First-in-class phosphate absorption inhibitor approved by FDA

A first-in-class treatment with a differentiated mechanism of action has been approved to reduce serum phosphorus in chronic kidney disease (CKD) in individuals for which phosphate binders are not suitable.

XPHOZAH - first-in-class phosphate absorption inhibitor approved by FDA

The US Food and Drug Administration (FDA) has approved XPHOZAH ® (tenapanor), the first and only phosphate absorption inhibitor.

Ardelyx’s first-in-class oral treatment is indicated to reduce serum phosphorus in adults with chronic kidney disease (CKD) on dialysis as add-on therapy in patients who have an inadequate response to phosphate binders or who are intolerant to phosphate binder therapy.

About the approved phosphate absorption inhibitor

XPHOZAH acts locally in the gut to inhibit the sodium hydrogen exchanger 3 (NHE3). As a result, it reduces phosphate absorption through the paracellular pathway, the primary pathway of phosphate absorption, according to Ardelyx.

“The approval of XPHOZAH is an important milestone for patients on dialysis… it represents a new mechanism and new option for patients who, despite treatment with phosphate binders, continue to have elevated phosphorus,” stated Mike Raab, President and Chief Executive Officer of Ardelyx.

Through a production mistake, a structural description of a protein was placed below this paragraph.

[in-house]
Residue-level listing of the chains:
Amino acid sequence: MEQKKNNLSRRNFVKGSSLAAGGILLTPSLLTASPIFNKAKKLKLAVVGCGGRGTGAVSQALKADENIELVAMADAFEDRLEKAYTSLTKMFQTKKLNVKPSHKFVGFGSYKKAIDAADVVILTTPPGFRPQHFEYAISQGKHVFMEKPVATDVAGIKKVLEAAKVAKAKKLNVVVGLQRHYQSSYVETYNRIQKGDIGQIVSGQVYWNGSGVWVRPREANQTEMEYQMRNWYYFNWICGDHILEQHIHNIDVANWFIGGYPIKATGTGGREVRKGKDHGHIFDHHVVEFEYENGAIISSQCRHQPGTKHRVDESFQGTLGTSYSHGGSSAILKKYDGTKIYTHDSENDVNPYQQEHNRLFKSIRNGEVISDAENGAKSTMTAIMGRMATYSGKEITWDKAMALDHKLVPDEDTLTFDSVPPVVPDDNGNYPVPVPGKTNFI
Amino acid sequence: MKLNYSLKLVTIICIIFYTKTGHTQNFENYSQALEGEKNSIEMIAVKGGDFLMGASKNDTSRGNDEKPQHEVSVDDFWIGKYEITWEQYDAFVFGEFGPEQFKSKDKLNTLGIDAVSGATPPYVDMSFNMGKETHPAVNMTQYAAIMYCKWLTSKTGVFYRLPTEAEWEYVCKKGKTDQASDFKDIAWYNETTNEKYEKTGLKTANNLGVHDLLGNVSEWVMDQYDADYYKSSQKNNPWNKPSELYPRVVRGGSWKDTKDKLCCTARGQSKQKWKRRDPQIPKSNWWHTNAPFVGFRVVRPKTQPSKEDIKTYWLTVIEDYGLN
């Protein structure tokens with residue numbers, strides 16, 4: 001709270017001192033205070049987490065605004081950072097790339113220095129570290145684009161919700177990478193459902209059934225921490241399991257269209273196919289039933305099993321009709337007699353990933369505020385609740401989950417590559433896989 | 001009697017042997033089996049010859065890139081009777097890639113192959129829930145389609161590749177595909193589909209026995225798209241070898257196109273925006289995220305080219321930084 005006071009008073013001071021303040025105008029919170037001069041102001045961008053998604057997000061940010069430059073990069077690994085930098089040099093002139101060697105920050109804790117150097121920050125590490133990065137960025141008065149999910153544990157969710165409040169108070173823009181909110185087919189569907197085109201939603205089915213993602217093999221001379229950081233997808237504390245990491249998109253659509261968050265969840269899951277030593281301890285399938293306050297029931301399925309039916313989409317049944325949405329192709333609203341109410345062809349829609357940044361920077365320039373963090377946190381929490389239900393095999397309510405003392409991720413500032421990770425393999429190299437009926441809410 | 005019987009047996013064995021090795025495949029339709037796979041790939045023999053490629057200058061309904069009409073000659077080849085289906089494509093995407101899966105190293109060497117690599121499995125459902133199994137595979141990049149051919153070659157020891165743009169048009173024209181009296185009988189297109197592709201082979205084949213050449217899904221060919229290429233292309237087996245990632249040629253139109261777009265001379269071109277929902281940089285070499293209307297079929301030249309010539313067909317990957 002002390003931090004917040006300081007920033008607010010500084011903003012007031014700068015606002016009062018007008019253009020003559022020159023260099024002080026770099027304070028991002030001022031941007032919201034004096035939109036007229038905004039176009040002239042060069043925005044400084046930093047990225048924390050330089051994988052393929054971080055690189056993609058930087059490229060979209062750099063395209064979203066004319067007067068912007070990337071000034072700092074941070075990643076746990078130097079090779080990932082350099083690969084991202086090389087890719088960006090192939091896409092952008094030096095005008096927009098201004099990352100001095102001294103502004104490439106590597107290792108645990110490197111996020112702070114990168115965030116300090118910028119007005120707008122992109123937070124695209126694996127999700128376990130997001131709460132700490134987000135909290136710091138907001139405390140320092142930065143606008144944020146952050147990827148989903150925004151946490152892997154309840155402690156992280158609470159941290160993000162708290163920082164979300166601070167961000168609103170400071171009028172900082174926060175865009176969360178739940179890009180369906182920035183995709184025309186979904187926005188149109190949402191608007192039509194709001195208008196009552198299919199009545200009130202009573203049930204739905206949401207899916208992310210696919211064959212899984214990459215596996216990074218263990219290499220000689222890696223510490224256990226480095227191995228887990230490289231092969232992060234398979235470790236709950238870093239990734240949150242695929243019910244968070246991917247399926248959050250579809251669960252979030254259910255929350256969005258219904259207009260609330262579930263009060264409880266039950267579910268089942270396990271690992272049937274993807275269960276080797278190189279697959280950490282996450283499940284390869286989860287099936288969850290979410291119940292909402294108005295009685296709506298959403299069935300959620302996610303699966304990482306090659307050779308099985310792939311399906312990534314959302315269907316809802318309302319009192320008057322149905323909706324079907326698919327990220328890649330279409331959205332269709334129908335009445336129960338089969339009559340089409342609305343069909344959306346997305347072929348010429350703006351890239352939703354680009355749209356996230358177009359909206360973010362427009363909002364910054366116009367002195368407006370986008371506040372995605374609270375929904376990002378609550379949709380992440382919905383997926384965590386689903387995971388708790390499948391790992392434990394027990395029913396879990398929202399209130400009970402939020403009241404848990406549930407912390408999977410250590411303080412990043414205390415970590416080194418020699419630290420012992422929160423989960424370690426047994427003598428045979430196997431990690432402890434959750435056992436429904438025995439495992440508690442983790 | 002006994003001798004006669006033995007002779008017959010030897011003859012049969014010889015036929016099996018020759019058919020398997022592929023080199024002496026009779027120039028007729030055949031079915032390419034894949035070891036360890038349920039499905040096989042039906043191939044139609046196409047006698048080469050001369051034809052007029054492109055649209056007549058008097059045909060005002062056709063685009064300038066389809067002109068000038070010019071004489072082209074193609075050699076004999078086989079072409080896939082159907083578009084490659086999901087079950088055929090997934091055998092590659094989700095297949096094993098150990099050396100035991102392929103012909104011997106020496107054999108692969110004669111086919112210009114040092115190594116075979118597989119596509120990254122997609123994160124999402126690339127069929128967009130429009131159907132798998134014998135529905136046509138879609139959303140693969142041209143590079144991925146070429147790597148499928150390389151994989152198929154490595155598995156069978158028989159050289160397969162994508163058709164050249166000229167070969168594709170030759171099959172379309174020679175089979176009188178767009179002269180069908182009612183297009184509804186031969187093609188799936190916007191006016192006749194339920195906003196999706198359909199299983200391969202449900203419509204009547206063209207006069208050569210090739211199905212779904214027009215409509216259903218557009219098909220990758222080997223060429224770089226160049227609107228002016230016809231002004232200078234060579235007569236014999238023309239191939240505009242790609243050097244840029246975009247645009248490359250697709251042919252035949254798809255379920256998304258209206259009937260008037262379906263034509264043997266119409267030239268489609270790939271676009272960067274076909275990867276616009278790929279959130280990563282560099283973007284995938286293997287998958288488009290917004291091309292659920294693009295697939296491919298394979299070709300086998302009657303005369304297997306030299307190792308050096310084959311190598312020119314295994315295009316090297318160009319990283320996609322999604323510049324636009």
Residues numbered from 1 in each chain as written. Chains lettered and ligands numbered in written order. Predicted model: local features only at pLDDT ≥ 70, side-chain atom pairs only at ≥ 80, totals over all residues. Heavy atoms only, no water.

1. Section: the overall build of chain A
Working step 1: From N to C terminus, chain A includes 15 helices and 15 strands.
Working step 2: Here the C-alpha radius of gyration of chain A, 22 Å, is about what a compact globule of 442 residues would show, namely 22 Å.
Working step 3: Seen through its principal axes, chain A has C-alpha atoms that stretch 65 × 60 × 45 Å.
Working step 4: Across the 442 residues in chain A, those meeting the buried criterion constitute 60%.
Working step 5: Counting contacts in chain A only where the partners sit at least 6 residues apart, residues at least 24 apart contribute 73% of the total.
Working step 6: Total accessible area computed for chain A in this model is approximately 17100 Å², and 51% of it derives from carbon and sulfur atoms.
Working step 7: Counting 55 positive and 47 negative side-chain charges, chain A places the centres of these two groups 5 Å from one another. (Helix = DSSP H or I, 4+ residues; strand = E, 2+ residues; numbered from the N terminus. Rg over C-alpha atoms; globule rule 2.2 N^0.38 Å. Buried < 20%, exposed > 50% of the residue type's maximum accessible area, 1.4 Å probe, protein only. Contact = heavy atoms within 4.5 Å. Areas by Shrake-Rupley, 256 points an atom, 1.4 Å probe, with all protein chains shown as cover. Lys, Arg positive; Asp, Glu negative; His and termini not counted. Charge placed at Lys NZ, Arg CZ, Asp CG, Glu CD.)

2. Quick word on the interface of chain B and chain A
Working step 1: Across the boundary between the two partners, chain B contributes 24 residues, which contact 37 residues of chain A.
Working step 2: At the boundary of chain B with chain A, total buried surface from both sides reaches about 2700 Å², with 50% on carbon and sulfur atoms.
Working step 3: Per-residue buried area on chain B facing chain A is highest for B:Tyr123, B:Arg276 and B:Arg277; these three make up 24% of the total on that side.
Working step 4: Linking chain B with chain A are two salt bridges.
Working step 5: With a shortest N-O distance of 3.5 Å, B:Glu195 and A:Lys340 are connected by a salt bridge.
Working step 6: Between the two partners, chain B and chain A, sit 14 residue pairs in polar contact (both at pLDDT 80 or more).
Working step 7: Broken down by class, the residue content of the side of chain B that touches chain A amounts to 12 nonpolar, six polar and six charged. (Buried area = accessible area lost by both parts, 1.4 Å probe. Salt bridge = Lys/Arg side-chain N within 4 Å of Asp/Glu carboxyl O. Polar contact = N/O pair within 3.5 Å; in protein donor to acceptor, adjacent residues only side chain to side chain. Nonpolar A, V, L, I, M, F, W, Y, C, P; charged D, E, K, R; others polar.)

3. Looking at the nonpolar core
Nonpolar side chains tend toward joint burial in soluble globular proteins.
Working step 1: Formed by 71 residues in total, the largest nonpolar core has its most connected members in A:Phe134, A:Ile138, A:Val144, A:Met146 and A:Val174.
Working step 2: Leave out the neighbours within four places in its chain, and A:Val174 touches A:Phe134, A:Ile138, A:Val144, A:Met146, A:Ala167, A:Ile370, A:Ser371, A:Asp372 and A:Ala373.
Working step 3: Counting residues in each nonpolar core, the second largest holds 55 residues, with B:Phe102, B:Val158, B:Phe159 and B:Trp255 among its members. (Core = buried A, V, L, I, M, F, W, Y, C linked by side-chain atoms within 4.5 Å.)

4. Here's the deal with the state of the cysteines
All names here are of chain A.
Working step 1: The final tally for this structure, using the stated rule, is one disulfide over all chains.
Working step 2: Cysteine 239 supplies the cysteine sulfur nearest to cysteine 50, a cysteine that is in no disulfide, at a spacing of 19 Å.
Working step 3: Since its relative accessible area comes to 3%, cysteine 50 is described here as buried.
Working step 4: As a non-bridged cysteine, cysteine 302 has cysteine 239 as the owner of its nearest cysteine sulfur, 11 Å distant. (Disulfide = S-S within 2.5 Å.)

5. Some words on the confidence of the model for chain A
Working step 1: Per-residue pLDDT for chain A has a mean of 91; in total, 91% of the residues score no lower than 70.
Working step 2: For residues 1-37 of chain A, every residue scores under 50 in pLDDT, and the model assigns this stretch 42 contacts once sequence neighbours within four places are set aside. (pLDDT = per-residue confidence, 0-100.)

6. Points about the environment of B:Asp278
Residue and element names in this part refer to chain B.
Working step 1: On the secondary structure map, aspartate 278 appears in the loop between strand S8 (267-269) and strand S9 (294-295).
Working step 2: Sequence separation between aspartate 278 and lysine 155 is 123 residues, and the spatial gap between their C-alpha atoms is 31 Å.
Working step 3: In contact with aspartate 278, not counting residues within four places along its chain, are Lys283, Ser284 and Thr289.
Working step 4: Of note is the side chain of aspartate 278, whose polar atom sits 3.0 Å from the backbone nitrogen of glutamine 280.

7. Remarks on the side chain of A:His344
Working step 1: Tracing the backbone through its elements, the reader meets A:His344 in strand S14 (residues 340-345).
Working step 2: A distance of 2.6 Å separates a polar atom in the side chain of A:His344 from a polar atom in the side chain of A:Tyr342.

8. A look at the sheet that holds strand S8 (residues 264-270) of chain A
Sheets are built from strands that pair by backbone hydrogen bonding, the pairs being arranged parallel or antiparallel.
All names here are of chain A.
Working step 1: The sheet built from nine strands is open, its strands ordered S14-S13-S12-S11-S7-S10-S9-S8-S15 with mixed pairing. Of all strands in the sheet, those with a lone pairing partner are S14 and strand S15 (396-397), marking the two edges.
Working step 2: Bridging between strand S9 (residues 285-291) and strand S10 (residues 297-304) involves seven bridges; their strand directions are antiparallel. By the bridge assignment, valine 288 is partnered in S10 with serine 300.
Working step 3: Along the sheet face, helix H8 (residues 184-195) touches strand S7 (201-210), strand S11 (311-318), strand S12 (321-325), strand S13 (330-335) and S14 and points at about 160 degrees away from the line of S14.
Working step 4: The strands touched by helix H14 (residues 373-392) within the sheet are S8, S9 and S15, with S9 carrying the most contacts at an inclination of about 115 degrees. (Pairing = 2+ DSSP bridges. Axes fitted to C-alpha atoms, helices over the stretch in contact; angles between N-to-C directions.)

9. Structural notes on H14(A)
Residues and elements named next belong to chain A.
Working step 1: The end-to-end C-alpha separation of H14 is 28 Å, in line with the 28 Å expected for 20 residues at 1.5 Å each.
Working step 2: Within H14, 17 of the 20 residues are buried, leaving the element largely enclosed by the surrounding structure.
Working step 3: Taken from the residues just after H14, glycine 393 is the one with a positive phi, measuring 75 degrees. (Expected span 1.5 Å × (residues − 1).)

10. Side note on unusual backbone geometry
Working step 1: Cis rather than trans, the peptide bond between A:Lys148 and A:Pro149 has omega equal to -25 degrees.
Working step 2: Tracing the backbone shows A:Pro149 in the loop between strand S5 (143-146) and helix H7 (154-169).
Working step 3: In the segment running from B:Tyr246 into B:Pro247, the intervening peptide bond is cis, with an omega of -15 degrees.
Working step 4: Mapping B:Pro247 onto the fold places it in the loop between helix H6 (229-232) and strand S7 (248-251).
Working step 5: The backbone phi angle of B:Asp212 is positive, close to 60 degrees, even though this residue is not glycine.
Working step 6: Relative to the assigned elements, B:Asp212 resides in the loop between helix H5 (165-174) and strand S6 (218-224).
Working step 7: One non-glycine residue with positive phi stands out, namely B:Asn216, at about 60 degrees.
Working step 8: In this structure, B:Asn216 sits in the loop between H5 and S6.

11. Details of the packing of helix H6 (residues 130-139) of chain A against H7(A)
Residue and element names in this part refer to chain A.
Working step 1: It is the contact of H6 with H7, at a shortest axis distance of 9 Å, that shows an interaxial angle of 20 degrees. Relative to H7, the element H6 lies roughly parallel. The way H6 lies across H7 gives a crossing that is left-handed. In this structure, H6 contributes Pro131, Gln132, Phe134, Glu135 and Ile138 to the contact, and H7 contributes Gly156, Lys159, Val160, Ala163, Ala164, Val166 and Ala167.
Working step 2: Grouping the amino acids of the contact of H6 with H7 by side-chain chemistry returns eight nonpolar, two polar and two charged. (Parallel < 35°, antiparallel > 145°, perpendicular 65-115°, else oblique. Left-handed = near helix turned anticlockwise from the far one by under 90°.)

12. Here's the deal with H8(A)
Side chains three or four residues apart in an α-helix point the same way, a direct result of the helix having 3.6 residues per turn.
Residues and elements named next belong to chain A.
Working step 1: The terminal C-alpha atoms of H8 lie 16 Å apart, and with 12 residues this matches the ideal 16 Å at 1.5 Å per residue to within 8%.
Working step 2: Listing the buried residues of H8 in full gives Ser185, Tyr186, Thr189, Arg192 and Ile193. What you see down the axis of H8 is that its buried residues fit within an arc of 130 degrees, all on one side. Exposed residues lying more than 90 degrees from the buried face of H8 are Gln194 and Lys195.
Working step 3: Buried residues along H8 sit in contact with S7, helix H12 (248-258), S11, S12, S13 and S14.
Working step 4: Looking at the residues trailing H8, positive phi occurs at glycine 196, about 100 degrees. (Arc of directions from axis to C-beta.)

Clinical evidence supporting FDA-approval

Approval of the phosphate absorption inhibitor XPHOZAH was based on data from 1,000 patients in three Phase III clinical trials (PHREEDOMBLOCK and AMPLIFY) evaluating the efficacy and safety of XPHOZAH. It was investigated both as monotherapy and in combination with phosphate binder therapy. Overall, the data showed that XPHOZAH significantly reduced elevated serum phosphorus in patients receiving maintenance hemodialysis.

However, in the trials, the only observed adverse reaction for the treatment was diarrhoea. This reportedly occurred in 43 to 53 percent of patients; in at least five percent of XPHOZAH-treated patients with chronic kidney disease on dialysis across trials. Most XPHOZAH-treated patients experienced mild-to-moderate reactions that resolved over time, or with dose reduction.

Further to the three Phase III trials for XPHOZAH, Ardelyx also declared that it has completed two open-label clinical trials (OPTIMIZE and NORMALIZE) to evaluate different options for integrating the treatment into clinical practice.

XPHOZAH is expected to be available to eligible patients in the US in November 2023.